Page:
Upper Endoscopy (EGD) with Esophageal Dilation
This procedure allows your doctor to dilate (stretch) a narrowed area of your esophagus. It is performed as part of an Upper Endoscopy (EGD).
Why is it done?
The most common cause of narrowing of the esophagus, or stricture, is scarring of the esophagus from reflux of acid occurring in patients with heartburn. Patients with a narrowed portion of the esophagus often have trouble swallowing; food feels like it is “stuck” in the chest region, causing discomfort or pain. Less common causes of esophageal narrowing are webs or rings (which are caused by thin layers of excess tissue), cancer of the esophagus, scarring after radiation treatment or a disorder of the way the esophagus moves (known as motility disorder).
How should I prepare for the procedure?
n empty stomach allows for the best and safest examination, so you should have nothing to drink (including water) for at least six hours before the examination. Your doctor will tell you when to start fasting.
Tell your doctor in advance about any medications you take, particularly aspirin products or anticoagulants (blood thinners). Most medications can be continued as usual, but you might need to adjust your usual dose before the examination. Your doctor will give you specific guidance. Tell your doctor if you have any allergies to medications as well as medical conditions such as heart or lung disease. Also tell your doctor if you require antibiotics prior to dental procedures, because you might need antibiotics prior to esophageal dilation as well.
What can I expect during esophageal dilation?
Your doctor might perform esophageal dilation with sedation along with an upper endoscopy. Your doctor may spray your throat with a local anesthetic spray, and then give you sedatives to help you relax. Your doctor then will pass the endoscope through your mouth and into the esophagus, stomach and duodenum. The endoscope does not interfere with your breathing. At this point your doctor will determine what technique they will use to stretch your esophagus.
What techniques may be used?
There are various techniques that your doctor can use to perform an esophageal dilation. One common technique for dilation uses a small weighted tool that passes through your mouth and into your esophagus. Another technique used often utilizes a small balloon that is inflated in the esophagus via an endoscope.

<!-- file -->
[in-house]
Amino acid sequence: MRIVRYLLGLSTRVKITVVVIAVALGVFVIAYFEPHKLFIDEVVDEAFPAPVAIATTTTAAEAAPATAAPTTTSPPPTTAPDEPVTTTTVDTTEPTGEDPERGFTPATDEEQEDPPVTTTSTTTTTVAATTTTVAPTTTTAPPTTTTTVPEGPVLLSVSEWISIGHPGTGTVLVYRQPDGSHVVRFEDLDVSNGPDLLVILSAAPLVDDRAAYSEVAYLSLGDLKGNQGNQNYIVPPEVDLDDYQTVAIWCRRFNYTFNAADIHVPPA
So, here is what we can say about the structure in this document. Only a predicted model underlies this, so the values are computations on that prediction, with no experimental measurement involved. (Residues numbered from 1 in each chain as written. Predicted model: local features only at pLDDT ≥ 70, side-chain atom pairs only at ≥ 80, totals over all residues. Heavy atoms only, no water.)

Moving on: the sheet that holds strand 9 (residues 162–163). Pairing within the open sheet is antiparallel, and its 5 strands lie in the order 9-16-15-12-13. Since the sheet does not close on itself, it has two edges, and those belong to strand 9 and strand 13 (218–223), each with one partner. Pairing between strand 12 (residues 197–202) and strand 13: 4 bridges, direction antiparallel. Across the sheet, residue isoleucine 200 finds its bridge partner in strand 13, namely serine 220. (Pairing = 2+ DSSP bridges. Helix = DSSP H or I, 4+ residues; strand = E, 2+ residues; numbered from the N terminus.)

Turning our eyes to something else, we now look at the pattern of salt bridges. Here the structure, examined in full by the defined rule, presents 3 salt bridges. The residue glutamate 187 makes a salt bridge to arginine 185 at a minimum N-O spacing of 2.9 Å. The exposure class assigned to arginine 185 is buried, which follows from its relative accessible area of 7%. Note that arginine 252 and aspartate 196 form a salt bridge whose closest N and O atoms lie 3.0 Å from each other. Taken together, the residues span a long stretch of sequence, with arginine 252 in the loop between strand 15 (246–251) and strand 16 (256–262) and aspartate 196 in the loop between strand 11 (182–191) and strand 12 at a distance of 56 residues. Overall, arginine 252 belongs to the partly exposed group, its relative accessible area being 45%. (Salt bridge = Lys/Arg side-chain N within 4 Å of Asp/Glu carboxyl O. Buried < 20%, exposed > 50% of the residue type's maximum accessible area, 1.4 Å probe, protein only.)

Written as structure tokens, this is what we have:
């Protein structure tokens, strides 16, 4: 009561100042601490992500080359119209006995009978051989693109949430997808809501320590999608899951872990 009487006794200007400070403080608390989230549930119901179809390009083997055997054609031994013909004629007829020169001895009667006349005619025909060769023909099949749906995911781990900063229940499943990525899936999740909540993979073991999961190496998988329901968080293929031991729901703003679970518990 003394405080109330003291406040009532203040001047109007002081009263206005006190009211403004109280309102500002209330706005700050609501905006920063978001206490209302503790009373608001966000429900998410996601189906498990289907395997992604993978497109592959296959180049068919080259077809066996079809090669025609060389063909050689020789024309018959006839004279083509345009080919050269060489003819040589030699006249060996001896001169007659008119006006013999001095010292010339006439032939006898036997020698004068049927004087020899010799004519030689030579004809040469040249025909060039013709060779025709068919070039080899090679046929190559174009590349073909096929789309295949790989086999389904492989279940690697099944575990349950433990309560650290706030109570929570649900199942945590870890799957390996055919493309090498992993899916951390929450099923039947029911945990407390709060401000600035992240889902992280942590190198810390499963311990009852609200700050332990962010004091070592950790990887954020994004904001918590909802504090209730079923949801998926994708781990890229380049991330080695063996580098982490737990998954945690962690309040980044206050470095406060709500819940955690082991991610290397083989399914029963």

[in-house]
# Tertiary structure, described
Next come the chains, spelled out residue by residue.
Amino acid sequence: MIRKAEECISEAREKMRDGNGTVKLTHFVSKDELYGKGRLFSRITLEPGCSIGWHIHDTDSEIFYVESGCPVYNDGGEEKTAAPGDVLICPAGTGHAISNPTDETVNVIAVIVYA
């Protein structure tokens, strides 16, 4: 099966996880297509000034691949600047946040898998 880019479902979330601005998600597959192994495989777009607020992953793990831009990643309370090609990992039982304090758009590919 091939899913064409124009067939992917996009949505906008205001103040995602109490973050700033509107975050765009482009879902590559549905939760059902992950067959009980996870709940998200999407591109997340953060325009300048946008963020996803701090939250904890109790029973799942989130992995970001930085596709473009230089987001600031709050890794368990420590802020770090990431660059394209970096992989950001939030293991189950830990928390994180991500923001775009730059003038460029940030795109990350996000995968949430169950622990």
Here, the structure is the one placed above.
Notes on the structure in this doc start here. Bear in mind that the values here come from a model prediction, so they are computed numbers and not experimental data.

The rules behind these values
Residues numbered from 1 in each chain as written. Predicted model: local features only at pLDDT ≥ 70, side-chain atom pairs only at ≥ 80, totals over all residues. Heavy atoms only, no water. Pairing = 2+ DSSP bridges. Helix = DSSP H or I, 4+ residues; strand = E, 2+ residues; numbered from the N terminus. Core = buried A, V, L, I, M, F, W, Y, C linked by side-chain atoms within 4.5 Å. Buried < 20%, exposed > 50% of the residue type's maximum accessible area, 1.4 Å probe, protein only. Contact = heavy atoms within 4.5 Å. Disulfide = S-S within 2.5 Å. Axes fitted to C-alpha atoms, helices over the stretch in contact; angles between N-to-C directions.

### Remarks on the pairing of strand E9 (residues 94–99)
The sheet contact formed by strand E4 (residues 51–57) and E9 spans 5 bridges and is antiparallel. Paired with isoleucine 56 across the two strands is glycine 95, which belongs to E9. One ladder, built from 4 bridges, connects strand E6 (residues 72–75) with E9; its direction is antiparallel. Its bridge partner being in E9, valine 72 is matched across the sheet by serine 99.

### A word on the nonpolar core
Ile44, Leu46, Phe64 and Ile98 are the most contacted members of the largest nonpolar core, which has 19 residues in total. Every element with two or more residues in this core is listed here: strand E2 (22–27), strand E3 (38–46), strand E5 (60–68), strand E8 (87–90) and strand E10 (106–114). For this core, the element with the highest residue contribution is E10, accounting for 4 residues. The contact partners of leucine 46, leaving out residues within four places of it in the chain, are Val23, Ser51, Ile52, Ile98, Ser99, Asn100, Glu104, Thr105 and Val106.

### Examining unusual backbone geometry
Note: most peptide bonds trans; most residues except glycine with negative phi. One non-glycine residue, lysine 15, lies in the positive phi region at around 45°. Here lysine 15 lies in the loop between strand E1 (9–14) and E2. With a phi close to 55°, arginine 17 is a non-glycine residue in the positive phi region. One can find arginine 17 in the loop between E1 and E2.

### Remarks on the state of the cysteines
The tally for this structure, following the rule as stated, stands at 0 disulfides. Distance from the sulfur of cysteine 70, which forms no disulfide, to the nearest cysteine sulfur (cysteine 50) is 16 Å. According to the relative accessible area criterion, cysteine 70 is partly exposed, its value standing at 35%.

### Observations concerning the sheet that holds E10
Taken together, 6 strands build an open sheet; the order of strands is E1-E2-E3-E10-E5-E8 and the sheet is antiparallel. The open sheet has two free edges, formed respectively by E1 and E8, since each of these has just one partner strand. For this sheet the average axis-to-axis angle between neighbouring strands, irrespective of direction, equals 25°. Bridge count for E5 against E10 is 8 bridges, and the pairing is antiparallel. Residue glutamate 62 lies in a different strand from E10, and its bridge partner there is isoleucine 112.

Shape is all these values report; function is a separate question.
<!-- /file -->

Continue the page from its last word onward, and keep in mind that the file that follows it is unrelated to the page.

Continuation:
What can I expect after esophageal dilation?
The sedatives used might affect your judgment and reflexes for the rest of the day. Therefore, you will not be allowed to drive after the procedure and should arrange for someone to accompany you home.
You may resume drinking when the anesthetic no longer causes numbness to your throat, unless your doctor instructs you otherwise. Most patients experience no symptoms after this procedure and can resume normal activities such as eating the next day, but you might experience a mild sore throat for the remainder of the day.
What are the potential complications of esophageal dilation?
Although complications can occur even when the procedure is performed correctly, they are rare when performed by doctors who are specially trained. A perforation, or hole, of the esophagus lining occurs in a small percentage of cases and may require surgery. A tear of the esophagus lining may occur and bleeding may result. Complications from heart or lung diseases are potential risks if sedatives were used.
It is important to recognize early signs of possible complications. If you have chest pain, fever, difficulty swallowing, bleeding or black bowel movements after the test, tell your doctor immediately.
Will repeat dilations be necessary?
Depending on the degree of narrowing of your esophagus and its cause, it is common to require repeat dilations. This allows the dilation to be performed gradually and decreases the risks of the procedure. Once the stricture (narrowed esophagus) is completely dilated, repeat dilations may not be required. If the stricture was due to acid reflux, acid-suppressing medicines can decrease the risk of stricture recurrence.